Over Christmas Marilla Walker asked if I would like to test her new pattern the Alice Tights. When I learned it was for tights I was rather intrigued and keen to give them a go.
There are three options with the pattern; two piece tights with a heel turn, one piece tights and leggings/footless tights. The pattern not only comes in a variety of sizes but also include three leg lengths and even different foot sizes. Each leg length comes as a separate file so you only print off the one you need. The sizing ranges from a 24 ½ inch waist 34 inch hip to a 36 ¼ waist 45 ¾ hip. I was pleased there was a short leg option as ready to wear tights always give me that Nora Batty effect around the ankles.
I decided to have a go at view B, the one piece tights. The most important factor to consider with this pattern is the fabric, it must have four way stretch, with 50% stretch both lengthways and widthways (if you take a 6 inch piece of fabric you should be able to stretch it out to 9 inches) As soon as I got the pattern I went to raid the stash hoping there was something in there suitable. There were many things that I wished would work but only had two way stretch. The only thing that came close was a very fine petrol blue poly knit, it had plenty of stretch in the width but only about 20 % lengthways. Being far too impatient (we were snowed in and the chances of getting to the fabric store were remote) I decided to give it a go anyway, if it didn’t work at least I had tested the pattern and instructions.
The instructions are very detailed running to eight pages. They were very easy to sew up: the front and back get sewn first, followed by the hip darts and then the legs are sewn in one continuous step with the seam running up the inside leg. The second most important thing to note about this pattern is to ensure you mark the notches; the top of the foot needs to be stretched as it is sewn to incorporate the heal on the bottom piece (similar to setting in a neckband). The waist is finished with 3cm wide elastic which is then enclosed in the waistband.
So how did I get on with my not quite stretch tights? Surprisingly quite well, the width is fine but I do have a couple of inches of penguin crotch. They are however perfectly wearable, they sit well on my waist and the elastic does a good job of keeping them up.
I also realised how difficult it is to take a photo of your own legs, the best option seemed to be lying on my back on the sofa with my legs up in the air. It has being pointed out though that it looks like I am levitating!
I then took a gamble and bought a couple of bits of fabric from Ebay, going solely on the description of ‘4 way stretch’. The first was a piece of stretch lace (Marilla had posted a pair of lace ones on Instagram which set off nostalgic longings for my teenage years in the eighties) when they arrived they had around 40% widthways stretch but around 30% lengthways. I sewed them up as before and they actually fit perfectly although there is not much room for manoeuvre. I do remember lace tights being like this back in the olden days though!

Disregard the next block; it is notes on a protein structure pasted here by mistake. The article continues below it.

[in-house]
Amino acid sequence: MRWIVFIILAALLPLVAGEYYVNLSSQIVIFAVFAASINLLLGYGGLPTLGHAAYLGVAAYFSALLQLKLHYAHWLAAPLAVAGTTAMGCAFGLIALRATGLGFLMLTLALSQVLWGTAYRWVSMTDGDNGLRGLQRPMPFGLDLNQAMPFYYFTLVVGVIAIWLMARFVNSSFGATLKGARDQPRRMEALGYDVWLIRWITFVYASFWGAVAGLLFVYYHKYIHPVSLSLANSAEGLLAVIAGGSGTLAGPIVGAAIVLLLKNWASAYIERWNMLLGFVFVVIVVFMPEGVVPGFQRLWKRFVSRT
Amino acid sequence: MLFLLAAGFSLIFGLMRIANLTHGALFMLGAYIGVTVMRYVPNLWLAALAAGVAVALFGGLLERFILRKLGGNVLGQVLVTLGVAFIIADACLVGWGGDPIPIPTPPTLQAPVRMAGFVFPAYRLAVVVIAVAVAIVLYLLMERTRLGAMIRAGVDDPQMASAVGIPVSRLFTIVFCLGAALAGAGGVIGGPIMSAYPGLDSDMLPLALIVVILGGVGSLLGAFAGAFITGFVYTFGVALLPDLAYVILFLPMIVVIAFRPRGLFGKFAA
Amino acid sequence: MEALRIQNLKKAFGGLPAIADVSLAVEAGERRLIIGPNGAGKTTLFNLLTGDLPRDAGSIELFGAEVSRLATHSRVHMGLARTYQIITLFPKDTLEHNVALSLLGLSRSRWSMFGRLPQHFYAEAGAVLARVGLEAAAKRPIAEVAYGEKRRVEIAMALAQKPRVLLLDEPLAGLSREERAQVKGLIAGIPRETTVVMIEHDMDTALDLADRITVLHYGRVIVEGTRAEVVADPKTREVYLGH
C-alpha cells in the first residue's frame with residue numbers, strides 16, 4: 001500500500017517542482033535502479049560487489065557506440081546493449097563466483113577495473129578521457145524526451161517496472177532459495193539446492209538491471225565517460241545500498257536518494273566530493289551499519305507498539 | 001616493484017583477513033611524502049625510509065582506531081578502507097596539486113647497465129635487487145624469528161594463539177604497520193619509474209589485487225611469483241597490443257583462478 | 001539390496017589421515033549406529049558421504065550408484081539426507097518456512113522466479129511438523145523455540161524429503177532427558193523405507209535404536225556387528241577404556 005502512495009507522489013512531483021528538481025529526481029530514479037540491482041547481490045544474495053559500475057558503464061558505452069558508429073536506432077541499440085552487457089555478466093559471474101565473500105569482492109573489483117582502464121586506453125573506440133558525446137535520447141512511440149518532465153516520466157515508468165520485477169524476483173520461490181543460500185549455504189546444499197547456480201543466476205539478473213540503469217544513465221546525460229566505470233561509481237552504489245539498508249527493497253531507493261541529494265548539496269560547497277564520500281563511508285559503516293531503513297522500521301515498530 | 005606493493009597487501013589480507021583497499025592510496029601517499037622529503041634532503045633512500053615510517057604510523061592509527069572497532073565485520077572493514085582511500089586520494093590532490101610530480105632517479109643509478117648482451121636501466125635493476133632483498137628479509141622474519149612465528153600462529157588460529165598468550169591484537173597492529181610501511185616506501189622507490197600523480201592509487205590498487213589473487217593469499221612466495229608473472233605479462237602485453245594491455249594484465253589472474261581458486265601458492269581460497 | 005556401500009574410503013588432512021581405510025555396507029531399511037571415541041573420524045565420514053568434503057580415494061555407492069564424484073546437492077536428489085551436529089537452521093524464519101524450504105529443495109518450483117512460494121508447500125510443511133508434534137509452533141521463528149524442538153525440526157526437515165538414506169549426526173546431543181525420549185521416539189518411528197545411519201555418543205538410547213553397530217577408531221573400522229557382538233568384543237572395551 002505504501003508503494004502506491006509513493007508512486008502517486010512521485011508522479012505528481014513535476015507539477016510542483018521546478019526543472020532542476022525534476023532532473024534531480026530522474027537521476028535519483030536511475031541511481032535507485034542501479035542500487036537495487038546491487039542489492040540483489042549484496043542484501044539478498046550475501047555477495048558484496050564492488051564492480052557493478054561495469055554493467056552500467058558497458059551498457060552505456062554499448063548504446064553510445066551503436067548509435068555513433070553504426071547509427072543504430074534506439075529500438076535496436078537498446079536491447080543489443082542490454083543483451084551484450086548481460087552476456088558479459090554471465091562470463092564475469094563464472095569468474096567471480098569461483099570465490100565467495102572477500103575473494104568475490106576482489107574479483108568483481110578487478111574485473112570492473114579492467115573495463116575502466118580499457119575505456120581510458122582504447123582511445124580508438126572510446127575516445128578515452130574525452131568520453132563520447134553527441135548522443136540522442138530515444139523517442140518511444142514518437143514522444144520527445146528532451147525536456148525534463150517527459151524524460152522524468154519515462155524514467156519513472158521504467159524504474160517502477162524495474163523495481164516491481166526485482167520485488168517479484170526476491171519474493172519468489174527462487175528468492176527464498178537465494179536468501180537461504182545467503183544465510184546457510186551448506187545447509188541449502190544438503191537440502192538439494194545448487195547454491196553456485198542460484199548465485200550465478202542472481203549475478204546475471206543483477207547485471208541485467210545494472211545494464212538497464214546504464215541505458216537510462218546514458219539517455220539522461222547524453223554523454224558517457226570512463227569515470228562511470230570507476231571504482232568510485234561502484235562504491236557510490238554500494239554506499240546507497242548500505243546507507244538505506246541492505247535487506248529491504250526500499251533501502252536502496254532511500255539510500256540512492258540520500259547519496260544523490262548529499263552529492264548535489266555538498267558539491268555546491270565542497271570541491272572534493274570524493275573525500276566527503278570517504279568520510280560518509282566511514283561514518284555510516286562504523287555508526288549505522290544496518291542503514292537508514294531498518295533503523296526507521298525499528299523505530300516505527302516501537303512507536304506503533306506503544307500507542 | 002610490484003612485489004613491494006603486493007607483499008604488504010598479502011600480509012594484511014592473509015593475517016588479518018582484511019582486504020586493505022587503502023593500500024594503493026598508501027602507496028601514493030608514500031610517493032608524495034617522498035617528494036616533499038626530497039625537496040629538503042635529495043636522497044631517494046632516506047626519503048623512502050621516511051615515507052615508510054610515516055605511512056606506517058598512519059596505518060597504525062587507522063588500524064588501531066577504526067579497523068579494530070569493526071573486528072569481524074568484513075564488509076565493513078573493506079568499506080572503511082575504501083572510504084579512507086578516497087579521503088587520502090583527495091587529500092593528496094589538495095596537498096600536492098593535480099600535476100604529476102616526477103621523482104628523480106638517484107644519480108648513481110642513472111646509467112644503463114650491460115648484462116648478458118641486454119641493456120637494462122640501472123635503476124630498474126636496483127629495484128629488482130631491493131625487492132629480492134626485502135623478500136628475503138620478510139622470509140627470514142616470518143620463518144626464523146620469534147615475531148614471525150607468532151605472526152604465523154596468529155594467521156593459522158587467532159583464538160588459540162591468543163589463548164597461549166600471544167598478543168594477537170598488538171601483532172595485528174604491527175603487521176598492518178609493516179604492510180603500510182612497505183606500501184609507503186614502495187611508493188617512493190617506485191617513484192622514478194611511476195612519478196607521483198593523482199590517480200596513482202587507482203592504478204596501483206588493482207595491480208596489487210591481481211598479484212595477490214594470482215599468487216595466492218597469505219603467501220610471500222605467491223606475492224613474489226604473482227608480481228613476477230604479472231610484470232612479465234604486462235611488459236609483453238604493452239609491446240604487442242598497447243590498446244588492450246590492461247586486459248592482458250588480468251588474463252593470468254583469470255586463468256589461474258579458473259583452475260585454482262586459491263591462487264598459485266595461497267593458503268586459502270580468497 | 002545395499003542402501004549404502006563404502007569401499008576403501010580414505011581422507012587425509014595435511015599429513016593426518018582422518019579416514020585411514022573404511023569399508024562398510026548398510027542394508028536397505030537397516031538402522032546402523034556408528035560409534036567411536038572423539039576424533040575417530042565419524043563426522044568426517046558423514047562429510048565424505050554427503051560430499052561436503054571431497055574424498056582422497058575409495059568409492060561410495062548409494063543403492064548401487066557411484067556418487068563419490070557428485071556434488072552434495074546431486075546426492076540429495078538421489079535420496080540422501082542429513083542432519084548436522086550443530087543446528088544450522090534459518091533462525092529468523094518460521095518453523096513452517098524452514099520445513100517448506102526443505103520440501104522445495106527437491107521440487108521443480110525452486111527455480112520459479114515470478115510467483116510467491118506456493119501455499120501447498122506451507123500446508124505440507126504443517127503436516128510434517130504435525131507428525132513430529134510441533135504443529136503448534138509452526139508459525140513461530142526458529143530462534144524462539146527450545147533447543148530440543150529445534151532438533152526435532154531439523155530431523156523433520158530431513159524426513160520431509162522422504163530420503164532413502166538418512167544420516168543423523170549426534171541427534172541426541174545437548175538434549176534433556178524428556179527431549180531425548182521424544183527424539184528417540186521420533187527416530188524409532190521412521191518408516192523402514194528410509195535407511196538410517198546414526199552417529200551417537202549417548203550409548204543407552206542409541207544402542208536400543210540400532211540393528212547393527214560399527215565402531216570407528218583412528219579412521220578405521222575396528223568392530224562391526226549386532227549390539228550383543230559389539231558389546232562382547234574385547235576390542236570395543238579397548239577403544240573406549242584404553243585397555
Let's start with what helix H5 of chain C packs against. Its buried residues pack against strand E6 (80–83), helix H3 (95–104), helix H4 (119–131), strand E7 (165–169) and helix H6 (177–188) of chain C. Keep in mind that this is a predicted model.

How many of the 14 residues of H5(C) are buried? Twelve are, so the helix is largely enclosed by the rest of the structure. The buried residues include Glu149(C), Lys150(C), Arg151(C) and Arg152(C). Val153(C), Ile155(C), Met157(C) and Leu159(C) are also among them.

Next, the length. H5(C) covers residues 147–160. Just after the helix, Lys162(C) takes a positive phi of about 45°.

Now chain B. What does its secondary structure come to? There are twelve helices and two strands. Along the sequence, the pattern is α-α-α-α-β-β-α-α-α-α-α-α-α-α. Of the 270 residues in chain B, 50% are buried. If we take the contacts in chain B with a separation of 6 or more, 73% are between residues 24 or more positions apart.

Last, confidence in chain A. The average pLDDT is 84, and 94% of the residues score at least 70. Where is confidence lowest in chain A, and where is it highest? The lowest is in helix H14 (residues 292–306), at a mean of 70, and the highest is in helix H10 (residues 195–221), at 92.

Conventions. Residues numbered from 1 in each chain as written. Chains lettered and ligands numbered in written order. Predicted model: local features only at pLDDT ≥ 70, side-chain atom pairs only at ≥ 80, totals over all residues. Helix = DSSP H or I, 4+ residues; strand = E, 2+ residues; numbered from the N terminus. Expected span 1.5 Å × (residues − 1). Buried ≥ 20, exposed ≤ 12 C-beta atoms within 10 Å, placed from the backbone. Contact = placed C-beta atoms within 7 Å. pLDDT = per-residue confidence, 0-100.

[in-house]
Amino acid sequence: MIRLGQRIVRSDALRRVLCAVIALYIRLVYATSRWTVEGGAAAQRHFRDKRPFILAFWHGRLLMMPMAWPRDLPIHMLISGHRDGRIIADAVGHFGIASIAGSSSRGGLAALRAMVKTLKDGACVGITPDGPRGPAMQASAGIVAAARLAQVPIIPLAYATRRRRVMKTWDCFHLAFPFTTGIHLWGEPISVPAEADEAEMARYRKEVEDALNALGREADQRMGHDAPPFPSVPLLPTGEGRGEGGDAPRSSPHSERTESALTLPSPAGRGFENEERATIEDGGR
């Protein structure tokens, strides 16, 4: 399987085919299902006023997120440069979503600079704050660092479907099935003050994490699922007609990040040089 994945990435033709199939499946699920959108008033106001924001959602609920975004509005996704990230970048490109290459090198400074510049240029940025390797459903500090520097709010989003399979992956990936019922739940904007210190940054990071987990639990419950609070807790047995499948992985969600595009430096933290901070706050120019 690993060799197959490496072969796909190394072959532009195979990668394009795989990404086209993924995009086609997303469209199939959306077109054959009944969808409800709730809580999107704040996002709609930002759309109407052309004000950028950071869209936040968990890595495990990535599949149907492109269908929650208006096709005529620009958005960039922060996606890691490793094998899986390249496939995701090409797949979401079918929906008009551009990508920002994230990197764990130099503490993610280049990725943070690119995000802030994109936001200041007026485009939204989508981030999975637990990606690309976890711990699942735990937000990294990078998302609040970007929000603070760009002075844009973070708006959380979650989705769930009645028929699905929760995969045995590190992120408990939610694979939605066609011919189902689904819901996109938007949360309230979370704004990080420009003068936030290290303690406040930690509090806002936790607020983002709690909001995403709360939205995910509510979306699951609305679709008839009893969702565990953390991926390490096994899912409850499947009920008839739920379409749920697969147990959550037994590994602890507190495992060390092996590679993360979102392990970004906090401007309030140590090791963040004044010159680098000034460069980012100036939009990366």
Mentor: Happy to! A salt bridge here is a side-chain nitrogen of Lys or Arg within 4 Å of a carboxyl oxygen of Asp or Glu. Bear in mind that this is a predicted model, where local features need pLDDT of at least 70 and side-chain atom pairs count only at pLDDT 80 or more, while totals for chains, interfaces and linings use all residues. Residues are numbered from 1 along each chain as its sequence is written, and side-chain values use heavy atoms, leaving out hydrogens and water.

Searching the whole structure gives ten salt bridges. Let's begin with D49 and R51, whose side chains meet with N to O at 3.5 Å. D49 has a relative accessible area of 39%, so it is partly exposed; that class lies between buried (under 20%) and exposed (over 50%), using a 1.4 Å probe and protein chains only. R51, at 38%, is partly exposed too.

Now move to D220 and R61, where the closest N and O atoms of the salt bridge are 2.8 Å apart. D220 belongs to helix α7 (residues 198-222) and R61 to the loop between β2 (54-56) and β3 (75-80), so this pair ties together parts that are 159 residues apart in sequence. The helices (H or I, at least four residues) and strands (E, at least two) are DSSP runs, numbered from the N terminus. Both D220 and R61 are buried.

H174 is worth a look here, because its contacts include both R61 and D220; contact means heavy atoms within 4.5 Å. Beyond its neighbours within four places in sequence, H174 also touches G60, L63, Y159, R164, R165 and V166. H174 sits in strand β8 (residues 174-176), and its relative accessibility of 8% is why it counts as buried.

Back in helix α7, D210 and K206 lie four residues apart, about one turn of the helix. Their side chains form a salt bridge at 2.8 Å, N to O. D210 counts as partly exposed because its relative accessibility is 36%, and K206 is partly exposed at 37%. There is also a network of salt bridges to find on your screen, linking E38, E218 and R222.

My last piece of fabric was listed as Navy but turned out to be a bit lighter than my idea of Navy. It had the perfect amount of stretch though. I sewed them up as before and they worked perfectly, I had found the holy grail of tights fabric.
One thing to note is that the pattern obviously uses over a metre of fabric (130cm for the short leg) To try and keep cost down I only bought a metre for my last two pairs and cut them on the cross grain. This worked perfectly well, in fact it actually helped my lace pair as there was then more stretch in the length so no penguin crotch.
Overall this is just a fun and quick pattern to sew (I managed to sew my last two pairs in one episode of Mad Men) The key is really finding the right fabric (with me it was a bit like goldilocks and the three tights!)
Following on from the quick instant gratification of sewing the tights I decided that my knicker drawer needed a bit of replenishment. I made seven pairs of knickers early last year using the pattern from my Christmas Trixie Lixie knicker making kit. I have worn these daily since and can count on one hand the number of times I’ve worn shop bought pants. They fit perfectly, are super comfy and with floral fabric and gingham ruffle elastic look far more attractive than six pack M&S specials. They are also a great way of using up scraps (they only use a fat quarter of fabric) consequently I have some matching skirts and dresses (there’s something satisfying knowing your dress matches your pants!) I got the gingham ruffle elastic from my local haberdashery but it’s also available in Trixie Lixies shop. I found it was a lot easier to attach than the thinner elastic.
I had a ‘snow day’ last week and decided it was going to be a knicker making day. I had a couple of liberty print remnants and cut the corner off this 3 metre length of black and white polka dots as I thought it was perfect for the black and white gingham. I had every intention of taking pictures throughout the process but just got carried away (they are really fun to sew!). After a couple of hours I had three brand new pairs of knickers, I have however developed the urge to have liberty print knickers for every day of the week!
I quite like the idea of sewing my own smalls, it’s just one step closer to having a completely handmade wardrobe. I have seen quite a few Bra making patterns around, the Watson Bra from Cloth Habit is particularly pretty. Unfortunately I don’t think I’ll be giving it a try as I need some serious engineering and scaffolding to counteract the effects of gravity on my bust! I have however got a Burda pattern for a set of Lingerie which includes a slip, camisole and French knickers so I think I might that a try next time.
Anyone else into sewing your own undies, any tips or good patterns?